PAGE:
Miguel’s muse is making the transition from the runway to the booth with her musical debut.
What happens to a dream deferred? If you’re Nazanin Mandi, the 28-year-old model and pop singer best known as Miguel’s better half, you don’t let it dry up, even as obstacles threaten to put it on the back burner. A vocalist since she “came out of the womb,” Mandi embarked on a career in modeling to pay the bills. Her first foray as a solo artist, at 19, stalled out. Now, with renewed focus and a stronger team at her back, she’s working on her debut album. Her dream is about to come true.
How long have you been making music?
I came out of the womb singing; it’s a huge passion of mine. I did theater growing up, through elementary, junior high, high school. I was a big choir nerd. Professionally, I’ve been recording off and on since the age of about 12. When I was 15, I was on American Idol. I made it to the top 35. I got kicked off because they did background checks and I’d lied about my age—you had to be 16.
That must have hurt.
It was devastating, being so young and making it that far. I thought, “Why can’t they just let me in?” I’ve always been the one to break the rules and I did it there and that was that.
You’ve been working to release an album for a long time. What have you learned along the way?
Not to give up—you can’t let “no” be the final answer. And discipline. Every day, I’m in the gym, I’m doing vocal lessons. I have to always be perfecting myself to be the best artist I can be—for myself and for the people who believe in me. I’m the real deal, not just a face. I want this to be about the music, about performance, about personality.
Are you afraid that, because you’re a model, people will think you’re just a pretty face and not a real artist?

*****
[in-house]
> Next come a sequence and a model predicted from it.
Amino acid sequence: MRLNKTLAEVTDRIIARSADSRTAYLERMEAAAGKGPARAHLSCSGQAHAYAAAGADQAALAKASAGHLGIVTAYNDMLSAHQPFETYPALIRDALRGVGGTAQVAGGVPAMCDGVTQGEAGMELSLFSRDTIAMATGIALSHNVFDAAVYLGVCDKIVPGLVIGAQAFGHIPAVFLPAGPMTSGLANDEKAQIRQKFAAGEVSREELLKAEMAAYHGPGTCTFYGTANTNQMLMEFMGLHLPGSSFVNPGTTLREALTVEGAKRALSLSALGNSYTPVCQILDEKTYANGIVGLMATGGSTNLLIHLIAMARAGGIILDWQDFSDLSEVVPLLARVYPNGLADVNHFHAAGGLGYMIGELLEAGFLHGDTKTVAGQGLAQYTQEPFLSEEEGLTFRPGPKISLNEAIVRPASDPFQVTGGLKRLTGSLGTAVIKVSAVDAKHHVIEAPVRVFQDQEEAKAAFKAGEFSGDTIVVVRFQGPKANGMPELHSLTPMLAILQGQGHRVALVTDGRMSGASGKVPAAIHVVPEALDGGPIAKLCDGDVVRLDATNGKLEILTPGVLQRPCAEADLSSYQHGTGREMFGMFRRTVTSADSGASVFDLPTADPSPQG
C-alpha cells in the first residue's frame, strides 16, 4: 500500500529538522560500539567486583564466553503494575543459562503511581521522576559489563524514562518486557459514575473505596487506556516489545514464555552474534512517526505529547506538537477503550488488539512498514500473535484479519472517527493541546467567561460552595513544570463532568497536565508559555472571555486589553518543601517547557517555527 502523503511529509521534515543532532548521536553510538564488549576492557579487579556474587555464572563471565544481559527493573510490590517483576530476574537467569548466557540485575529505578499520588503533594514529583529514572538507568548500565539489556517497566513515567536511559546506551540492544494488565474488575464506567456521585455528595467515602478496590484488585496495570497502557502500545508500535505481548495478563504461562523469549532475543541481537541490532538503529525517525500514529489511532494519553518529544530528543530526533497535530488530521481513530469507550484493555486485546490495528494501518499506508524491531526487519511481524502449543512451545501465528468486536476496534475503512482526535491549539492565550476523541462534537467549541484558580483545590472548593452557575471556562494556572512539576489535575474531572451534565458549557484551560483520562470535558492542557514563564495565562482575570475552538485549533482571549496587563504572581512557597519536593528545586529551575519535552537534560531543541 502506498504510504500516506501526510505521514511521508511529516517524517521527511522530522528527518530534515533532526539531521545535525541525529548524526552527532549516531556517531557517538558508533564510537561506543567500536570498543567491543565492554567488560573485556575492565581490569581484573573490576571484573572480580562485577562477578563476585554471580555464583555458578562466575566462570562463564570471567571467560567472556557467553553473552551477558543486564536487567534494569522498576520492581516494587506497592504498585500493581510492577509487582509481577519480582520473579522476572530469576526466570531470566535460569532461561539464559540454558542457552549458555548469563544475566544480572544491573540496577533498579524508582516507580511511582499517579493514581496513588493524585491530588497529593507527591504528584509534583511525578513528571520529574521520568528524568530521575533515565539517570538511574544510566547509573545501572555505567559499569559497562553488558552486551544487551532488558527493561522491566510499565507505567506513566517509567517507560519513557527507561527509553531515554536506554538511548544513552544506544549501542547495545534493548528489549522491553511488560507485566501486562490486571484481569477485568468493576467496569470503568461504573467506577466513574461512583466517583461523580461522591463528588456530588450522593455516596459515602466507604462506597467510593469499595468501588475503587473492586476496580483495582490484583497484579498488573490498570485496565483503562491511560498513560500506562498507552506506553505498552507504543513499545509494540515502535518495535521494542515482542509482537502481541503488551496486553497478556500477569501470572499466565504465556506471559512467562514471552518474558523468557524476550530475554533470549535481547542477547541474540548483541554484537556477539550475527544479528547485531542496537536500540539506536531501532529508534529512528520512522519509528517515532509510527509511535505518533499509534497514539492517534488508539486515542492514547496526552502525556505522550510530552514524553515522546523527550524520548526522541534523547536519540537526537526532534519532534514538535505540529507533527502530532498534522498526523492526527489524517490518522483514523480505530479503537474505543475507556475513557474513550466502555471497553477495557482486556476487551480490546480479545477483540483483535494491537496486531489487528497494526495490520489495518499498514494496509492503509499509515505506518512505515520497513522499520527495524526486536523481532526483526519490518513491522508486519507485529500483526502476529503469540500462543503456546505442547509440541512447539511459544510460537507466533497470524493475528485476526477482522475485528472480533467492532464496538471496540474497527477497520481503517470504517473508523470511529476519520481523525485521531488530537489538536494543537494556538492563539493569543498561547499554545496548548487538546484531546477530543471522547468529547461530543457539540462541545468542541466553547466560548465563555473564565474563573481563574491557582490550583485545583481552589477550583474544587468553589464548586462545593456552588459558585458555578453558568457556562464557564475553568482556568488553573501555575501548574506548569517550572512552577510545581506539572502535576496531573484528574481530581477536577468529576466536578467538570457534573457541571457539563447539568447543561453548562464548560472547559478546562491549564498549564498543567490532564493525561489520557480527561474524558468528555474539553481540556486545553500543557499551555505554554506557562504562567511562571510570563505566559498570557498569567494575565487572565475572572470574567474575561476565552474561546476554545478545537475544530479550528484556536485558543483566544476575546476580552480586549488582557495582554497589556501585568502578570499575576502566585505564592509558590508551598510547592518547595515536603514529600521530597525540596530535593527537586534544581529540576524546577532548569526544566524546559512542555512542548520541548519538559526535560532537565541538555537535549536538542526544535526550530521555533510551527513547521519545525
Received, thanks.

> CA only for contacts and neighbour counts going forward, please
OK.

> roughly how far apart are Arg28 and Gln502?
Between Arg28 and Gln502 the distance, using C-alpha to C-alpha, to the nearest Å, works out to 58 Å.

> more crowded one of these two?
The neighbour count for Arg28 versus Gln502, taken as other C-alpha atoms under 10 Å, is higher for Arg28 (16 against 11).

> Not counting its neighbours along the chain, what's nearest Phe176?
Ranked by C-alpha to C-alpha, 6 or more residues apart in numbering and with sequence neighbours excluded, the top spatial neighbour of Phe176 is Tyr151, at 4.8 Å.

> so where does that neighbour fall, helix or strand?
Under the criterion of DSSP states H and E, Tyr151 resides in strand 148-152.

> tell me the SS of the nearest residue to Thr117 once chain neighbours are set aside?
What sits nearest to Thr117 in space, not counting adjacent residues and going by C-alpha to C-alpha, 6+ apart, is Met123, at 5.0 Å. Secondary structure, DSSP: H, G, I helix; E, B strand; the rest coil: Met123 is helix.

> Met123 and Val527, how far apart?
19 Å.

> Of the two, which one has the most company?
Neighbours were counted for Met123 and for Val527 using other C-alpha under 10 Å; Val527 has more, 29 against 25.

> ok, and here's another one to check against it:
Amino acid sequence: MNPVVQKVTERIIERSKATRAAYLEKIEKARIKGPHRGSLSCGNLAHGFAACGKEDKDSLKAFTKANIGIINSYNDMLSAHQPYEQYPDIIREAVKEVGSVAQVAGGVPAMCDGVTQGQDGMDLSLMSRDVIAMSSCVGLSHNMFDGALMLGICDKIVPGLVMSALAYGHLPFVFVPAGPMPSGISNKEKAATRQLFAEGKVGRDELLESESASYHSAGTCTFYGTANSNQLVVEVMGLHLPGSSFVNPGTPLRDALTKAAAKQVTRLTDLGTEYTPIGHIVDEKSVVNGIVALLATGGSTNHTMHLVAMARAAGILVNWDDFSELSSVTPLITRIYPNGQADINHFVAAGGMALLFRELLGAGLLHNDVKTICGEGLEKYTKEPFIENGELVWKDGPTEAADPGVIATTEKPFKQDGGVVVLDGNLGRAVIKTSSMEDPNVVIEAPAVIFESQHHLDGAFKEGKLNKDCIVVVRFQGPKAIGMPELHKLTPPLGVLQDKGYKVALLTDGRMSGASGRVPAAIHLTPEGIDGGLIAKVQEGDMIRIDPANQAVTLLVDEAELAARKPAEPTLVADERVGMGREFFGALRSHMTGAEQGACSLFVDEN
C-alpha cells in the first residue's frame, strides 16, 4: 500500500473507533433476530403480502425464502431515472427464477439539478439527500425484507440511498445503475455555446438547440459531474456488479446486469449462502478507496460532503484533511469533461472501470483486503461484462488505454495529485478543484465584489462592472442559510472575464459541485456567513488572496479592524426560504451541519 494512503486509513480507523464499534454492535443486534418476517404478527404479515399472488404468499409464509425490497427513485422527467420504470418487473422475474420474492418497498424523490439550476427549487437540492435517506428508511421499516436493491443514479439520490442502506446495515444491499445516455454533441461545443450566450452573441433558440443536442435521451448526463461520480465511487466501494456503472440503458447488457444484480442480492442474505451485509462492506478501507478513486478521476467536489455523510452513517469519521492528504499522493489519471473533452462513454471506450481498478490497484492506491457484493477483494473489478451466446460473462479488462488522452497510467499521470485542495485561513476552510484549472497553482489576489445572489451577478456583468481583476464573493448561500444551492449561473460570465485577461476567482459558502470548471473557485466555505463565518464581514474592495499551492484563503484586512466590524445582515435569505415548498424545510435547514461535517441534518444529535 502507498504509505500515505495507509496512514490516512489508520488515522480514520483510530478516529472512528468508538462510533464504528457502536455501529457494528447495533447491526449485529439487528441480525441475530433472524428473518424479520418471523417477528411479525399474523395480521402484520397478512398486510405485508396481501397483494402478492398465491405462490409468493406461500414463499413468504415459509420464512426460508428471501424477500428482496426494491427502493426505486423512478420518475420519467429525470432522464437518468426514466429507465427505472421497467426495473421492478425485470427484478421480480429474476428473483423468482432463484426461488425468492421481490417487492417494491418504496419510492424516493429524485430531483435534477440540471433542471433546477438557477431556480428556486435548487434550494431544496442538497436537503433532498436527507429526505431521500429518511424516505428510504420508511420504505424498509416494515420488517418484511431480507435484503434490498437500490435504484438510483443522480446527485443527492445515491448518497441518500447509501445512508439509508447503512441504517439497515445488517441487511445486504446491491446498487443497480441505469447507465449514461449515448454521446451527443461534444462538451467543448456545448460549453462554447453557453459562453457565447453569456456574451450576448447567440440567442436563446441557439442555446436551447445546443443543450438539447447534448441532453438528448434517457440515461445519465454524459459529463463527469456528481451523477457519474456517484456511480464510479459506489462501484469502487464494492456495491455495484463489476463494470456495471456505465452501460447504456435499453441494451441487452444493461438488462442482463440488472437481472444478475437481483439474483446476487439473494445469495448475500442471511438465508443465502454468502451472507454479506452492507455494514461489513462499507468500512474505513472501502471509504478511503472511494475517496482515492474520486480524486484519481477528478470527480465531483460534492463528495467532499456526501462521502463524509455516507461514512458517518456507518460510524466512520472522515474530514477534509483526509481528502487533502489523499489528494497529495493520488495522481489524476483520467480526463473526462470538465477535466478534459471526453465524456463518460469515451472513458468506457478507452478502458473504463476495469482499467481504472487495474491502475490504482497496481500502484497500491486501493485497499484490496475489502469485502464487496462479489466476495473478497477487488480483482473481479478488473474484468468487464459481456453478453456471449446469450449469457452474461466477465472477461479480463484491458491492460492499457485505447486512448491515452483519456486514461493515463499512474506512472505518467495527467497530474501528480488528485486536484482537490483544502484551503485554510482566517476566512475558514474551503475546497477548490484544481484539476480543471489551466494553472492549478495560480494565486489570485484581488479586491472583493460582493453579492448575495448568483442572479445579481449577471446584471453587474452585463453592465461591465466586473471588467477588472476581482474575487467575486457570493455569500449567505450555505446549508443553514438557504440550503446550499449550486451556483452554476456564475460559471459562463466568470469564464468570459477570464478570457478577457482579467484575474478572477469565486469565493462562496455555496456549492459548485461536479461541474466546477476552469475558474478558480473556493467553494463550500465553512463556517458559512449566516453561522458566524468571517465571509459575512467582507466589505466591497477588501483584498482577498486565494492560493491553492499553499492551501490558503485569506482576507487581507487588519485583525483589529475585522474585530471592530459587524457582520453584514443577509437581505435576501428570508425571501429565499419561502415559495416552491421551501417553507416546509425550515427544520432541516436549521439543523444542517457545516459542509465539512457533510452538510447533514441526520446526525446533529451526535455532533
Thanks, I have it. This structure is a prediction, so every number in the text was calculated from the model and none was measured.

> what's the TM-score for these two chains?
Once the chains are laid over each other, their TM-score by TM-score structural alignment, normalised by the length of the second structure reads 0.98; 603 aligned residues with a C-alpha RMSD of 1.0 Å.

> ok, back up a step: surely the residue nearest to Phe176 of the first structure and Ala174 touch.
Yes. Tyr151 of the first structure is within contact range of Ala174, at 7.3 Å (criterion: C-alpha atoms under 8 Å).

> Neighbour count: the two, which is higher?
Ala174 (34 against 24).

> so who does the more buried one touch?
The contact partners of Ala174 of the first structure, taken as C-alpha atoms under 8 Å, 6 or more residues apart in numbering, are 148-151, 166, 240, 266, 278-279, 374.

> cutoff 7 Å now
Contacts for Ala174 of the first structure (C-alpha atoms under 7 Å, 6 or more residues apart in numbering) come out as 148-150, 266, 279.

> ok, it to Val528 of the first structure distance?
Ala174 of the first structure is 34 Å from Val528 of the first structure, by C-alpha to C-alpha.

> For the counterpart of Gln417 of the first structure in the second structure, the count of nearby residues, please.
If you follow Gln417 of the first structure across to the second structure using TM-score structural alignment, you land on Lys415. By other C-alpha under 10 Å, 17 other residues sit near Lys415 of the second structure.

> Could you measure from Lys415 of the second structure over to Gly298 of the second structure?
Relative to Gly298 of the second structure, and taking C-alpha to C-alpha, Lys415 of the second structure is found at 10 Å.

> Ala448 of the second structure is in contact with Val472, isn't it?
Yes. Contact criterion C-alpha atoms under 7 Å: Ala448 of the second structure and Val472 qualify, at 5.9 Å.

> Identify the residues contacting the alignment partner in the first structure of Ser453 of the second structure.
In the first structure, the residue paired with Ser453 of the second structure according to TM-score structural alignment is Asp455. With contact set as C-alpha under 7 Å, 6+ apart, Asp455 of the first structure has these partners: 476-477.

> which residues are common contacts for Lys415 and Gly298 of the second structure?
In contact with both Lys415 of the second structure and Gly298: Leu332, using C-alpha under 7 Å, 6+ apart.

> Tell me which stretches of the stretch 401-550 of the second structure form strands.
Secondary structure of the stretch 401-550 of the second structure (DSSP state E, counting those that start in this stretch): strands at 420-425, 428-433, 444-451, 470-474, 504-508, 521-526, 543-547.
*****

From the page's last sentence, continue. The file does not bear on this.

It’s crossed my mind but I feel like it’s all in the way my music and I are presented to the public. If I am thrown into somebody’s face as a threat, then it’s not going to work. But I’m all about [female] empowerment. I’m not trying to intimidate anybody, I’m trying to share my music and inspire. Most of my supporters are women, so I know I’m on the right track with it.
Miguel is executive producing your debut album. What’s it like working with your boyfriend?
When we head to the studio, we automatically turn off relationship mode and go into work mode. If he doesn’t like something, if I’m doing it wrong, if I’m not feeling a song or lyric, we’re 120 percent honest. In order for this to work the way we need it to, we have to put our feelings aside and become business-minded. And that’s exactly what we’re doing.
You two must be so comfortable around each other. There’s nothing weird, nothing like, “Oh, I don’t want to say that in front of you.” There’s nothing intimidating about it. All these years, I had to find myself as an artist and it took me a while. I was always too shy to even sing in front of him or say, “I want to do this.” But one day, maybe three years ago, I had a breakdown and he said, “Babe, you have to let me help you. You can do this, you’re a star, and I’m not just saying that because I am your man. I see it, everyone else sees it, you have to see it, and I think it’s time that you open your eyes.” And since then, we’ve been working with each other.
This article appears in Complex's August/September 2014 issue.